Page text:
Buddha in Bhumisparsa mudra (gesture of calling the earth to witness), framed by an architectural surround
Burma/Myanmar; 12th–13th Century
DU 1970.47; Denison University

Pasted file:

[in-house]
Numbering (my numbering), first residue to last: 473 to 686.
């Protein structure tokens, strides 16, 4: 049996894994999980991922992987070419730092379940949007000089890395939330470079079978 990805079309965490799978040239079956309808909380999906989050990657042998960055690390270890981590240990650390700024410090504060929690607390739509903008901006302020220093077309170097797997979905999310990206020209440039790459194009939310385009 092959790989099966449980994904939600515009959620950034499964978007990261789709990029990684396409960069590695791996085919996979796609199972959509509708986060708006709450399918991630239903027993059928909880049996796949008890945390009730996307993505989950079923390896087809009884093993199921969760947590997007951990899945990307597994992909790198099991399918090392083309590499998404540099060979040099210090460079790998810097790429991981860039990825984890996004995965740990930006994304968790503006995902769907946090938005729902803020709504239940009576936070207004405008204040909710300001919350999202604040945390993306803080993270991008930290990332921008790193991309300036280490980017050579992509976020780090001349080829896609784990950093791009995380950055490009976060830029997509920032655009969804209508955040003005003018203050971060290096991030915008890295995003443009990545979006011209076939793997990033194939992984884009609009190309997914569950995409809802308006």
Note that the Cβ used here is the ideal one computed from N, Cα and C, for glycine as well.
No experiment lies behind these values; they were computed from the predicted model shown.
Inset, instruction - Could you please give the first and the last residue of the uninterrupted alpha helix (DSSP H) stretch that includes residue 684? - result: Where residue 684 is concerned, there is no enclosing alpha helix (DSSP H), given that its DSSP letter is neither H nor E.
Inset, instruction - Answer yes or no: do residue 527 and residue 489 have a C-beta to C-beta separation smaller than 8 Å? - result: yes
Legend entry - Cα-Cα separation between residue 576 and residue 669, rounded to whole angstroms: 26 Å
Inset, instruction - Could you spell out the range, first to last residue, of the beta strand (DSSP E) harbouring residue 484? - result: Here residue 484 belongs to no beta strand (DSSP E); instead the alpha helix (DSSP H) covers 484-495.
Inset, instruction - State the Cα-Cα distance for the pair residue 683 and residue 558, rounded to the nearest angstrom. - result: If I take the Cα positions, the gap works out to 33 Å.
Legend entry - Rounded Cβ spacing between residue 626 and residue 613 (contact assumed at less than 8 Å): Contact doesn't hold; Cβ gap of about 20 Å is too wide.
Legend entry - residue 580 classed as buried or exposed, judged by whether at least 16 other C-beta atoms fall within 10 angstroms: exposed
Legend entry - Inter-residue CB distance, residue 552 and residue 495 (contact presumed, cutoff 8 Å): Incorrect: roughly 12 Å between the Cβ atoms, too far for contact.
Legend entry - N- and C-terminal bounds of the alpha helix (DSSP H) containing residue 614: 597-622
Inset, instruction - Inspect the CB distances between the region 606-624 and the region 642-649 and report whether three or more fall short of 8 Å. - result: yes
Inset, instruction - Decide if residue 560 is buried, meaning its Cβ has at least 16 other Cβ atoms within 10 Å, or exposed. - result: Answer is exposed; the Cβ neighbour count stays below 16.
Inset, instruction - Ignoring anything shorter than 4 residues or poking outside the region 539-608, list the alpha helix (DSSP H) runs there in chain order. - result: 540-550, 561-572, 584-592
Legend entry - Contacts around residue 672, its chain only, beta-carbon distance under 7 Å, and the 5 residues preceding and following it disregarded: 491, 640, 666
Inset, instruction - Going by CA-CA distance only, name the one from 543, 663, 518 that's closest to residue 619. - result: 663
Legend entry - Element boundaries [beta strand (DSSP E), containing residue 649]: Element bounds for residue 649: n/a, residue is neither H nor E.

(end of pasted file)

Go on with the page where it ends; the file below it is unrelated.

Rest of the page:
Terracotta tablets like this example are very common, having been produced in large quantities during the Pagan period (eleventh to thirteenth centuries). It is a thick rimmed tablet in the form of a pointed arch. A beaded border surrounds the image. The Buddha is seated cross-legged on a double lotus throne, in the earth-touching gesture, flanked by columns and shaded by a beaded trefoil arch surmounted by an umbrella with streamers. Branches and leaves from the Bodhi tree, beneath which the Buddha sat when he achieved Enlightenment, fill the background. There are four flanking figures —two below, alongside the Buddha’s throne and two above, on the sides of the arch.